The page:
Myths about mature markets
So let’s start with what we all should know. When marketers talk about Asia, they usually make the mistake of talking youth. It is true that countries like Indonesia, India and Vietnam have very large populations in which the great majority of people are young, but the real demographic story and opportunity in the region is the over-60 cohort. Four of the five oldest age profiles in the world are Japan, Hong Kong, Taiwan and South Korea. One of the fastest aging societies is Thailand. By 2030, one-third of China’s GDP will be managed by the 400 million of its citizens older than 60. The fastest growing population segment in nearly all Asian countries is the 50-70s.
Toru Shibata, former president of Johnson & Johnson Consumer in Japan and now EVP of Cocokara Fine Inc., points out that marketing departments and their research partners across the region are remarkably under-equipped to come to grips with this aging dynamic. Shibtata-san observes, “The problem is that not enough people in marketing have ‘senior experience.’ Companies don’t have people in the right age bracket. And the marketing staff usually equates the ‘aged’ with their grandmother from 10 or 20 years ago, not the 60-70 year old of today. Research companies need to fill the gap.”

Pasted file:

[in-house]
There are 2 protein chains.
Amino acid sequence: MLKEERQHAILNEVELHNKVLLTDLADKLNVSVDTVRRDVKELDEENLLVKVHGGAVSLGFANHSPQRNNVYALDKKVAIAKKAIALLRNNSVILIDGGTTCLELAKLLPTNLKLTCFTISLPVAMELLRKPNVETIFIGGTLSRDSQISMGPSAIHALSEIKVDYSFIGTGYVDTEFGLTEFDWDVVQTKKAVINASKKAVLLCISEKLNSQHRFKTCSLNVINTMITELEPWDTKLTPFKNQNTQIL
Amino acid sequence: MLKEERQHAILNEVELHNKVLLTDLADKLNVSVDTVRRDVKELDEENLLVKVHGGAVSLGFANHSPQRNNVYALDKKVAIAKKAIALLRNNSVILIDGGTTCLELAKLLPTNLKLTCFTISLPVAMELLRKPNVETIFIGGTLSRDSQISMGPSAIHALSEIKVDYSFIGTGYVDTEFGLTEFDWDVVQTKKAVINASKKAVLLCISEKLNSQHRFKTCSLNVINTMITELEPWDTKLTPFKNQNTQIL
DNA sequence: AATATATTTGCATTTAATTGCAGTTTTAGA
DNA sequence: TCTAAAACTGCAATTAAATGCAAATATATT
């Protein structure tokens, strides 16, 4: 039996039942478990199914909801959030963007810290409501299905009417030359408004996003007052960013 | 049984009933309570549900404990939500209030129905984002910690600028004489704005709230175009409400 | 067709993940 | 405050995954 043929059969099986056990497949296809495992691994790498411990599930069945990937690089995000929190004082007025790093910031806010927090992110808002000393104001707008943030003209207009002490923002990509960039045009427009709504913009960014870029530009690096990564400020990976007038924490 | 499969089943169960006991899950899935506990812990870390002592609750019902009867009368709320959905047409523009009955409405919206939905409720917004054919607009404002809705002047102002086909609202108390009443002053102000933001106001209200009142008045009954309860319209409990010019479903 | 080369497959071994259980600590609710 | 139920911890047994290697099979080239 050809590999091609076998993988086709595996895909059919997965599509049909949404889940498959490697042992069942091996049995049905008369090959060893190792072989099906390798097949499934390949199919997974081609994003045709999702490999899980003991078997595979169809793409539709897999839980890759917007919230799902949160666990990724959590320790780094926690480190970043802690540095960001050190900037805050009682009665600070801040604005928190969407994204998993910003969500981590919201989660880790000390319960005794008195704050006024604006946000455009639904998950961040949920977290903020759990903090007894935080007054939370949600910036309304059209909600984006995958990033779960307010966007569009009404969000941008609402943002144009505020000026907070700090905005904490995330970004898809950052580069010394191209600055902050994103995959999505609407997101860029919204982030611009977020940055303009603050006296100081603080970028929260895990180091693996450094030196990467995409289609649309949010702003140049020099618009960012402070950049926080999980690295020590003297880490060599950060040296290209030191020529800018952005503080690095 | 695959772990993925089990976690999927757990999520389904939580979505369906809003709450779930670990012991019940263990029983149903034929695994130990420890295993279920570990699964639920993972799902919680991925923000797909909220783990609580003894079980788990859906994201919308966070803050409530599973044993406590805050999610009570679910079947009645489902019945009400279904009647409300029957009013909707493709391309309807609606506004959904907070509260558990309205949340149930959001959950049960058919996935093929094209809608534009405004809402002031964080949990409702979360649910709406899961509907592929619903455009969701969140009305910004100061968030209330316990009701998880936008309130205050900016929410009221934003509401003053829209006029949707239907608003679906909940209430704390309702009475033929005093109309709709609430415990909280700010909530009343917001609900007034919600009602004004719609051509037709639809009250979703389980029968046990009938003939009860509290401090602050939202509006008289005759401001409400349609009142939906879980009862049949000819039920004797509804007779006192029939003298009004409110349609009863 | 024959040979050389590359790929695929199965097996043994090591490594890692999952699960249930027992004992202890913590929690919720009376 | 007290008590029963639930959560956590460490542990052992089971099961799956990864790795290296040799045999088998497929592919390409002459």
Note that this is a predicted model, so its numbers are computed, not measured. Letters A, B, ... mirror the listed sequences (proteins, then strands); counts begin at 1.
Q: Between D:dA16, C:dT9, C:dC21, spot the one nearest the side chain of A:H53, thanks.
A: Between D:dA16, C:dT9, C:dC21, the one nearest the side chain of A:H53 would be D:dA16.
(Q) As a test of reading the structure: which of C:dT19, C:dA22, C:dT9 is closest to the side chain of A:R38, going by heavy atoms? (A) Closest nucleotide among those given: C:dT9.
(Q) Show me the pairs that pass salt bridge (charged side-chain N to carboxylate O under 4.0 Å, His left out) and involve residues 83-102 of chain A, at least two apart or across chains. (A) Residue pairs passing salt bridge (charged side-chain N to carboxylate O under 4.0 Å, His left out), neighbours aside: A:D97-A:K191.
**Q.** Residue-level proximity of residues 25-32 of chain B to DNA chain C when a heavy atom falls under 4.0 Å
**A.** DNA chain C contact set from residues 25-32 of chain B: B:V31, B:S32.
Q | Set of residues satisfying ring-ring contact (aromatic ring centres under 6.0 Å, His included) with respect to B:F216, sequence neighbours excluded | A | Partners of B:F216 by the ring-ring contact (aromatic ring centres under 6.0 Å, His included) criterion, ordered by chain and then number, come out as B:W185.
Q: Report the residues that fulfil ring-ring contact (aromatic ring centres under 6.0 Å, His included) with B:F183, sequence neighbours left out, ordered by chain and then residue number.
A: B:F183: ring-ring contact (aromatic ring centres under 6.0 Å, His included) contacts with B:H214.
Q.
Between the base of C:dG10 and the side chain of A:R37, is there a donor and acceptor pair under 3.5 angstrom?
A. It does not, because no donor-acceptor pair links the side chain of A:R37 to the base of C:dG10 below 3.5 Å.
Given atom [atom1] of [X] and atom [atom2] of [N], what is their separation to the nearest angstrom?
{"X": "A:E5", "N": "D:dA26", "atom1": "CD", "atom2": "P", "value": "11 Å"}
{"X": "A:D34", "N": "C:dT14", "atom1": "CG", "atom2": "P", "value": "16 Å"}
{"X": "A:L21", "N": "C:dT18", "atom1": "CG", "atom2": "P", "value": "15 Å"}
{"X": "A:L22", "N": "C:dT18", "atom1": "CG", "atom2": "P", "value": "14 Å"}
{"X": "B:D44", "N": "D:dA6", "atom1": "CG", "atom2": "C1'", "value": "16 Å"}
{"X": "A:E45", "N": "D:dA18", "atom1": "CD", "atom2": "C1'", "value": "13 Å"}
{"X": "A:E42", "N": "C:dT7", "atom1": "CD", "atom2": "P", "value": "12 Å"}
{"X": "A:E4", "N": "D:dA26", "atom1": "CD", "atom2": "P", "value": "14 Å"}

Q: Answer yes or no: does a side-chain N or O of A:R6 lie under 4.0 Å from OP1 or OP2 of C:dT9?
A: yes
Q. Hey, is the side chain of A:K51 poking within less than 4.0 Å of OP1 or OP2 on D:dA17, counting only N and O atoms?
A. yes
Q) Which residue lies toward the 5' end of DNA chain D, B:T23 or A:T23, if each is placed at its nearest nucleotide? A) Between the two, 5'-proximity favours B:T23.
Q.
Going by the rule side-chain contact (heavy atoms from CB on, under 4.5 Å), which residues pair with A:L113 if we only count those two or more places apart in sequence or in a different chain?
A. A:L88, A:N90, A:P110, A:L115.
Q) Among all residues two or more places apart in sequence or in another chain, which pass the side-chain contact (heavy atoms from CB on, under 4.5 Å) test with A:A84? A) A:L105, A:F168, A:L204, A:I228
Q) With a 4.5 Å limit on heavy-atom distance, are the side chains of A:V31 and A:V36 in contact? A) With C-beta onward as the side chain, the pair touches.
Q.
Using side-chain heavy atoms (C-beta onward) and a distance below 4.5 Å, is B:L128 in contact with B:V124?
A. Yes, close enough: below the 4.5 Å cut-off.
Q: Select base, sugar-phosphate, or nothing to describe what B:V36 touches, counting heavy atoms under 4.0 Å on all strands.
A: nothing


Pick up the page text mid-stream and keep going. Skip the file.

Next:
For many, it is a case of falling for the myths of aging: they don’t buy; they don’t swap brands; they don’t know how to use technology; they only care about saving – all myths. Look at sixtysomethings anywhere, and you will see a generation actively interested in travel, entertainment, food, fashion and cosmetics – and looking forward. Of course there are differences, but we have to take into account that today’s 60-70 year olds in Asia have gone through more change than any generation in history and embraced an amazing range of technologies and lifestyles. The experiences of Japan, China and Indonesia may have been different, but constant change and its acceptance was consistent.
With that have come new expectations about life. A few years ago, an insurance company suggested that any woman living in Tokyo who turned 60 today would live to be near 94. Across the region, the number of centenarians is growing dramatically. Asians are living much longer and embracing it.
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